Invasion of the Bee Girls (1973)
Invasion of the Bee Girls (1973)

Genre: Sci-Fi Horror Running Time: 1 hr. 26 min.

Release Date: June 20th, 1973 MPAA Rating: R

Director: Denis Sanders Actors: William Smith, Anitra Ford, Victoria Vetri, Cliff Osmond, Anna Aries, Katie Saylor, Beverly Powers, Wright King

 


 

C

ounty Sheriff Captain Jim Peters (Cliff Osmond) is called in to investigate the mysterious demise of a top-secret bacteriologist (involving warfare components) at a roadside motel in Peckham, California. A coroner soon rules the cause of death as a massive coronary due to extreme exhaustion – from having sex. It’s not the most uncommon of reasons, but the Pentagon’s State Department Security Agent Neil Agar (William Smith) flies into town to dig a little deeper, considering the valuable nature of the information the bacteriology professor possessed. “They just found another body.”

Neil’s case leads him to Brandt Research, where assistant Julie Zorn (Victoria Vetri) offers up a wealth of information about the facility, including the wife-swapping, sexually over-charged nature of the scientists there, particularly when it comes to those who specialize in reproductive biology. It certainly seems plausible, with the abundance of conspicuously attractive employees – including statuesque Dr. Susan Harris (Anitra Ford). As additional casualties start piling up (eight in the span of three days), it’s soon evident that all the sex and deaths are somehow related – and that the authorities might have an epidemic of sexual exhaustion (corresponding to some venereal disease) on their hands. Or maybe it’s just mass hysteria. “They’re dropping like flies!”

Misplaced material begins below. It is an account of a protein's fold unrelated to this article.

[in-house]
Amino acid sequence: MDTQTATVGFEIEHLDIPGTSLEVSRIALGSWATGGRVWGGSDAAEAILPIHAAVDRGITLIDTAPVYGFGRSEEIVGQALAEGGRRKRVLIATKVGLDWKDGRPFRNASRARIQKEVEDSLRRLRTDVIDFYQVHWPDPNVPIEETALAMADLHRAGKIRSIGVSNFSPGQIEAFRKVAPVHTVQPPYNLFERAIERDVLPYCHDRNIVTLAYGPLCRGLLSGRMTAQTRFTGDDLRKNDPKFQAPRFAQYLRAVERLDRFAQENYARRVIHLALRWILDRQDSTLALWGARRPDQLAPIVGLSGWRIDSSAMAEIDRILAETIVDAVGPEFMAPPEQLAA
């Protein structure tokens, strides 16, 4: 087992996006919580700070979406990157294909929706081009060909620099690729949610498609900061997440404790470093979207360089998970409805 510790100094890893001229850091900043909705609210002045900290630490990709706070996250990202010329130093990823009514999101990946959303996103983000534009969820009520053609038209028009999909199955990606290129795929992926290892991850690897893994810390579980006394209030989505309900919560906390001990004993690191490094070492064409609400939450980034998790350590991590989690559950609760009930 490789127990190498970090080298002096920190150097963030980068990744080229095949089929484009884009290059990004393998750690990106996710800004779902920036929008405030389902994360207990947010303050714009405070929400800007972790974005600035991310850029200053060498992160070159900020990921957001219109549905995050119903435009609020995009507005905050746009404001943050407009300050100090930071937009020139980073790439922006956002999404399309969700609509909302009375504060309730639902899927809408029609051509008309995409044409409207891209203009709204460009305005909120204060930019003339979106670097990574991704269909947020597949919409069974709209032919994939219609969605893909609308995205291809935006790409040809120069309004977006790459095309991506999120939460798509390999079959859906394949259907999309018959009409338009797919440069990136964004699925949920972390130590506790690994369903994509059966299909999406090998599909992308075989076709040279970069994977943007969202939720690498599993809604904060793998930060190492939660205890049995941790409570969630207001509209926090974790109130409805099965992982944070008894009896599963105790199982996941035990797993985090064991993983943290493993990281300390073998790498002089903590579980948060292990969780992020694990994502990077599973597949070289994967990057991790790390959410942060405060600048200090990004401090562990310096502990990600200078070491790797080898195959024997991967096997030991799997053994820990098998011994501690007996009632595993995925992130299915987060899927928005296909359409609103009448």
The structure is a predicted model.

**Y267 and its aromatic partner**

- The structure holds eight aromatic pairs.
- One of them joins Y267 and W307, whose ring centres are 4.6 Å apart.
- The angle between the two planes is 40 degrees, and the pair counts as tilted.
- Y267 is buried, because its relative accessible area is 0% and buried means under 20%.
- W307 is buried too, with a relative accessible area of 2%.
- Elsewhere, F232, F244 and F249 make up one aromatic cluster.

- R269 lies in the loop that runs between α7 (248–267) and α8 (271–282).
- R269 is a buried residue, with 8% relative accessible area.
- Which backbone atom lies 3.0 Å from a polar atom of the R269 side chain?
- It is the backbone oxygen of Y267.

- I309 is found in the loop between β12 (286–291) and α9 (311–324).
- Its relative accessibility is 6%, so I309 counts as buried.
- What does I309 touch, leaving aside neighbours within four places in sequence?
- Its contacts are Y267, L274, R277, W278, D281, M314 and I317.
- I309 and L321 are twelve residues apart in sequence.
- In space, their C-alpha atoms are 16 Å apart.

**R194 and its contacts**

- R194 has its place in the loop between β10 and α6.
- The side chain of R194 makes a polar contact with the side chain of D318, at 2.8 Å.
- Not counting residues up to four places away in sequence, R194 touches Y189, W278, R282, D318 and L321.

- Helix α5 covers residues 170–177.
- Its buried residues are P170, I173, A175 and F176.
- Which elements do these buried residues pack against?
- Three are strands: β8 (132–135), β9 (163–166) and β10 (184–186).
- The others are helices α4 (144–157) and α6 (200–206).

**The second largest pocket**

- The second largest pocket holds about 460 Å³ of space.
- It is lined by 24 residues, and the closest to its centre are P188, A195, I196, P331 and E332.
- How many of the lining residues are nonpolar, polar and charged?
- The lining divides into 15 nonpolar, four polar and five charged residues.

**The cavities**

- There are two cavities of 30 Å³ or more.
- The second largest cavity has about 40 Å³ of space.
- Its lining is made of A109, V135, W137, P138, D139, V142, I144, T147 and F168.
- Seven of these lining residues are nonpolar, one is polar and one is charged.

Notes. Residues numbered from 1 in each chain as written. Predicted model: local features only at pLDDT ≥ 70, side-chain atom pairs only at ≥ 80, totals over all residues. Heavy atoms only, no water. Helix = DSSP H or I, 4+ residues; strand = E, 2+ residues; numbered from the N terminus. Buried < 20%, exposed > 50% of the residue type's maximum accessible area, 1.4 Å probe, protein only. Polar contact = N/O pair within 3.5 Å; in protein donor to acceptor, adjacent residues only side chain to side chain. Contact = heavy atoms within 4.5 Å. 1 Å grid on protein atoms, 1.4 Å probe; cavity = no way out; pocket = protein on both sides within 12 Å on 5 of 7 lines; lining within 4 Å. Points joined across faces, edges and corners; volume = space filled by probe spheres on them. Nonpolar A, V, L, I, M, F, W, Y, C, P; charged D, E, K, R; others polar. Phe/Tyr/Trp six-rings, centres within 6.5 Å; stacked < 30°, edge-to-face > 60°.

Charles Bernstein’s hilariously groovy score, full of quirky sounds (like bells, chimes, and other percussion, along with twanging, bassy instruments) and contemporary hipness, fails to match the subject matter, which involves plenty of pasty corpses, fistfights, somewhat bloody slayings, and even sexual assault. But it does indeed match the other major component, which is gratuitous nudity, literal rolling around in the grass, and other carnal acts (including lots of caressing). Clearly, this film is something of an excuse to denude shapely figures – a standard exploitation arrangement.

Despite being a murder/mystery, ostensibly, it’s actually a sex thriller – cheesy and unconvincing as it is. When the two lead female scientists are both conspicuously attractive, with porn star bodies (Vetri was a Playmate of the Month), it’s obvious that the growing number of mangled remains are inconsequential next to the focus on seductresses. Unfortunately, the plot is so flimsy and the progression of events so predictable (the title gives away the culprits long before onscreen revelations do) that little of the picture is actually entertaining. At least a sequence in which Agar watches footage of a black widow spider and a praying mantis kill and consume their mates after mating, juxtaposed with a bee girl doing the same thing to her own human victim, is mildly amusing.

“We’re in the middle of a very important experiment.” The dialogue is correspondingly pitiful, while the acting – especially when it comes to supporting roles – is noticeably mediocre. This production is technically science-fiction/horror, but the sci-fi elements are silly and the horror rather placid. Even the scenes with real bees are bland, especially when compared to the likes of sincerer killer insect endeavors. By the end, the relatively short runtime and the movie’s propensity for bared breasts aren’t enough to save it from its poor pacing and weak scripting; there’s so little genuine excitement that it’s a downright bore.

– Mike Massie

  • 2/10